Military escorts back Ebola response in restive Congo region

An Ebola virus virion is seen from a colorized transmission electron micrograph image. According to a report on Thursday, May, 17, 2018, Congo's Ebola outbreak has spread to a city, a worrying shift as the risk of infection is more easily passed on in densely populated urban areas.


By WILLIAM CLOWES AND IGNATIUS SSUUNA | Bloomberg | Published: August 24, 2018

Military escorts are helping health workers quell an Ebola outbreak in eastern Democratic Republic of Congo that's killed 63 people in three weeks.

Congo is struggling to curb the worst eruption of the disease in a decade in a region prone to attacks by militias and sheltering more than a million displaced people fleeing conflict. It's the second epidemic of the illness in the central African nation this year, after a flare-up in the northwest left 33 people dead.

World Health Organization and Health Ministry workers are using escorts from the Congolese army and the United Nations peacekeeping force in areas of insecurity, said Michael Yao, a WHO spokesman. Other key partners, such as Doctors Without Borders and the International Federation of Red Cross & Red Crescent Societies, eschew the assistance to maintain their neutrality.

"In some areas we are using escorts to enter some of the red zones for short interventions," Yao, a WHO emergency operations manager and incident manager, said by phone Wednesday.

The authorities have registered 103 confirmed and probable Ebola cases since the latest outbreak began on Aug. 1, according to the Health Ministry.

The disease was first detected in North Kivu province, before spreading to neighboring Ituri. Most of the patients and deaths are around Mangina, a village near the busy trading town of Beni, 50 miles west of the Ugandan border.

"Part of the army's work is to make sure that areas where medical workers plan to go to treat and monitor the disease are first secured and away from the danger caused by rebels," Lieutenant Jules Tshikudi, spokesman for Congo's army in Ituri province, said by phone on Wednesday.

More than 100 militias operate in the region, which is currently experiencing a spike in insecurity.

Jean-Edmond Nyonyi Bwanakawa, the mayor of Beni, blamed suspected members of the rebel Allied Democratic Forces for attacks near the town this month, including a recent assault on civilians in which seven people were killed with machetes.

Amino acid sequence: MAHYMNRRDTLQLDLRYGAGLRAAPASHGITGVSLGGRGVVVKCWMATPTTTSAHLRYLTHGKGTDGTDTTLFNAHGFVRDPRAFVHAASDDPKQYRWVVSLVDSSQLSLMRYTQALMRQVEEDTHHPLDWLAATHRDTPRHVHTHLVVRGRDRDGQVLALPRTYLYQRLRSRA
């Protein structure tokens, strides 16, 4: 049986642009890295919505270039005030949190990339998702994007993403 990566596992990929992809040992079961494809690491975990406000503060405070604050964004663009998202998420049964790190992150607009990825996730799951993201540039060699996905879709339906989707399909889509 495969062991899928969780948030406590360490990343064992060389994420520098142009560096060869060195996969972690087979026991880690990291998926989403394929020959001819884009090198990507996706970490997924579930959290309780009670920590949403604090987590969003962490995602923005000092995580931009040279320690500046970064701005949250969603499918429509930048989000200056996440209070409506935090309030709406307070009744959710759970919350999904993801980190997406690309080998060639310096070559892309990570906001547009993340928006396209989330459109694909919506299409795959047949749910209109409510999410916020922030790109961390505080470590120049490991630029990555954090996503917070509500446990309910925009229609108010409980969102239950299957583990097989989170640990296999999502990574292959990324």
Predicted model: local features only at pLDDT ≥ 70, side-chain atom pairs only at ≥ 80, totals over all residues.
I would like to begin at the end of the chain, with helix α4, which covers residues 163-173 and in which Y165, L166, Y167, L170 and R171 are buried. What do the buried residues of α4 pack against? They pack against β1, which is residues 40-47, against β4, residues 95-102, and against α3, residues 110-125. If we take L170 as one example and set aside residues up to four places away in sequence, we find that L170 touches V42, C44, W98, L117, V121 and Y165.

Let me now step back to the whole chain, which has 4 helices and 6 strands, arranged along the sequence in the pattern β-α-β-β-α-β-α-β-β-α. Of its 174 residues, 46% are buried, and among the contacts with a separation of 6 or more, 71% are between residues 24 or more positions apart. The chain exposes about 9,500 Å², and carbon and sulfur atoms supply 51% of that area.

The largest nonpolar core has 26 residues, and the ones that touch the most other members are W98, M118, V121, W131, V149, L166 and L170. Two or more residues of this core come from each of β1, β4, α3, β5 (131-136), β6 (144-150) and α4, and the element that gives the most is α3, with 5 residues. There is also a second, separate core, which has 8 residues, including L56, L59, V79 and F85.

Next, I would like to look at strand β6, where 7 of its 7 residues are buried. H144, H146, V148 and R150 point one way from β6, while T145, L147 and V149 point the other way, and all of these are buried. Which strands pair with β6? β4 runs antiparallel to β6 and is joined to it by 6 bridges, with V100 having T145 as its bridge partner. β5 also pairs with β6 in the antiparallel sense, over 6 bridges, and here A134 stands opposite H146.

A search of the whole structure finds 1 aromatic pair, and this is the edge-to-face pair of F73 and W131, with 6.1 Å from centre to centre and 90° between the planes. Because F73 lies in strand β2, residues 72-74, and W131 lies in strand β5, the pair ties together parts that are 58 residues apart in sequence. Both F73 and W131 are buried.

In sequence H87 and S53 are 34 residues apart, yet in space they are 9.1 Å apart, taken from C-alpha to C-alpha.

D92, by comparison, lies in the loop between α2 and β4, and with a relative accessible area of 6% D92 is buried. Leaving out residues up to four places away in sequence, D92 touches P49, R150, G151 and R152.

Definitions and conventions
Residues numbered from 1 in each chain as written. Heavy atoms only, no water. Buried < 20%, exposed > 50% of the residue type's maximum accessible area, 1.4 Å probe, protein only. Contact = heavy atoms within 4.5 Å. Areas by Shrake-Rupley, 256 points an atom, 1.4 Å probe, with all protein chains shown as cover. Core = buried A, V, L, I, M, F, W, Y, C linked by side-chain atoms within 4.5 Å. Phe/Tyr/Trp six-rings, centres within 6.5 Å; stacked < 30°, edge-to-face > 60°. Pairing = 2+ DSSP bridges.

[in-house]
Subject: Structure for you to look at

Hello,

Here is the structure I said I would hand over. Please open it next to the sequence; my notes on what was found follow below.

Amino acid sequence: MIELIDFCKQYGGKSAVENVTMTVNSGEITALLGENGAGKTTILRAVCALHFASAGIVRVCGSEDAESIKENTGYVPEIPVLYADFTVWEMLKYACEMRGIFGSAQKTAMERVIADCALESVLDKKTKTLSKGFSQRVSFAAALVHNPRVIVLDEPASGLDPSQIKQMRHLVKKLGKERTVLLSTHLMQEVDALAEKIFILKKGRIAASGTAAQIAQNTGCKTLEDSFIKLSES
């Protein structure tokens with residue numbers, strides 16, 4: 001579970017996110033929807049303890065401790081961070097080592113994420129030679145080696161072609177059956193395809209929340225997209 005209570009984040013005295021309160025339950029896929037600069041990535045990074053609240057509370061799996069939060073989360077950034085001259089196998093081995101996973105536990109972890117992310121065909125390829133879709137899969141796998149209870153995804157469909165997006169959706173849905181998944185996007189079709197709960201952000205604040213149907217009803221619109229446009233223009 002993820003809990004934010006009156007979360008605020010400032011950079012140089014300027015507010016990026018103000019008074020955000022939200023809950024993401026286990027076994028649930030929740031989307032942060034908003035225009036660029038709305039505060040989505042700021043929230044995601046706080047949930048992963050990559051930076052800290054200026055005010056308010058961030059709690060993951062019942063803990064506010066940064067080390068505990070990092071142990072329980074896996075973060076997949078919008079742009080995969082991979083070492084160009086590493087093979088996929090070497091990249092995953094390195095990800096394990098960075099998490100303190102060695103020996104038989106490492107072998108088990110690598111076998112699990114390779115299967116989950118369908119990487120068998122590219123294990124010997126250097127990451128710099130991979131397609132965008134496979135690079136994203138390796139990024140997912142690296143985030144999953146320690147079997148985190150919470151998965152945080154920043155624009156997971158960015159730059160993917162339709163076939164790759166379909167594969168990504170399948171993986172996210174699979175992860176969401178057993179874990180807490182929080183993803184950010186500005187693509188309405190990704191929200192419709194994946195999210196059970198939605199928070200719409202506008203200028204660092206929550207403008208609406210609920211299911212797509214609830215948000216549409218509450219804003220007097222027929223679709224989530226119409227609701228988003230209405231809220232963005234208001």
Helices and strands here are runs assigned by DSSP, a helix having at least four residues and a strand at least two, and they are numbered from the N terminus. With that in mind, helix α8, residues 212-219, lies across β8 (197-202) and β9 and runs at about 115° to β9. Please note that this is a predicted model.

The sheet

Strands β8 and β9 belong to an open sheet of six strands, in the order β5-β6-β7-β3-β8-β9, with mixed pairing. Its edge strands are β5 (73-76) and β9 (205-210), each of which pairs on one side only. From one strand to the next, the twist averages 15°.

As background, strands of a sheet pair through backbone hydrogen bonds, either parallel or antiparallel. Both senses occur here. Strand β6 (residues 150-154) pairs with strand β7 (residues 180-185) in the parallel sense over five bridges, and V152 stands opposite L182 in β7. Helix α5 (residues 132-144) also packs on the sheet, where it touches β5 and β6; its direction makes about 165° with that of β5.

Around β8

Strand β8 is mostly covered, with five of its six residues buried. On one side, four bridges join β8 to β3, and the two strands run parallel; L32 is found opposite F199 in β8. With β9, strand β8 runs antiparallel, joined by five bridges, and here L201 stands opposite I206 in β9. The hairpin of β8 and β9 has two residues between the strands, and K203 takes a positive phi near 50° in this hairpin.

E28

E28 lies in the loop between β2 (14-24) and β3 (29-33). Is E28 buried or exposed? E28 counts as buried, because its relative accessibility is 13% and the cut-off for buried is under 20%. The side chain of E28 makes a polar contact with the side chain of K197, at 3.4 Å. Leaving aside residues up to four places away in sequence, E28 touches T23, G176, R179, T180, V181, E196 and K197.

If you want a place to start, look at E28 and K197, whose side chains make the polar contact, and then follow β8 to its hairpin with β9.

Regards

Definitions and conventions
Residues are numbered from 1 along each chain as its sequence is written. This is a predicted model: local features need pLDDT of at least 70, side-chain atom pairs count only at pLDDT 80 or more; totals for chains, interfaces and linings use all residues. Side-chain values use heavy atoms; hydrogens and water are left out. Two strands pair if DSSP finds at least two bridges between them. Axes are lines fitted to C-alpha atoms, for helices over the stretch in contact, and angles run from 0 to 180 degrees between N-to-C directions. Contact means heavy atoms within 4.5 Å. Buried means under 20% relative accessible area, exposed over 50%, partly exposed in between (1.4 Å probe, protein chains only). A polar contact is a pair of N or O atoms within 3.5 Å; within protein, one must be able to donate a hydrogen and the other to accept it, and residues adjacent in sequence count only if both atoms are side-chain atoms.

"The same week the outbreak was announced, there were killings and also kidnappings," said Hassan Coulibaly, a field director for the International Rescue Committee. "The armed groups must be made aware of information about Ebola because the situation is critical and deaths are increasing each day."

Unlike the outbreak in Equateur province in May, North Kivu and Ituri are among Congo's most densely populated and its inhabitants are mobile -- including across frontiers with Uganda and Rwanda. More than a million people have been internally displaced by fighting, while many others engage in cross-border economic activity.

"A vulnerable and mobile population which lives on a red-alert basis, for an epidemic, becomes quite challenging," especially the requirement of tracking those exposed to Ebola carriers, said Ombretta Baggio, the International Federation of Red Cross and Red Crescent Societies' senior adviser on community engagement. "We are obviously afraid the epidemic might spread across the border to another country."

The latest outbreak is Congo's 10th since the virus was discovered in the country in 1976, but the first to occur in North Kivu. Tackling Ebola requires educating communities, isolating the sick in treatment centers, identifying their contacts and vaccinating those exposed to carriers of the virus.

"We still don't have a clear picture of the entire story," Karin Huster, an emergency coordinator for Doctors Without Borders, said by phone from Beni. "The limitations on intervention means all levels of the response are more difficult."

Insecurity, coupled with local inexperience at confronting Ebola, means that volunteers from affected communities are playing an even more important role, with many people in the region believing that the illness is sent by spirits or ancestors, Baggio said.

"Changing a whole belief system in a matter of weeks is quite challenging and takes a lot of engagement and dialogue, especially with the influential people in the community," she said.

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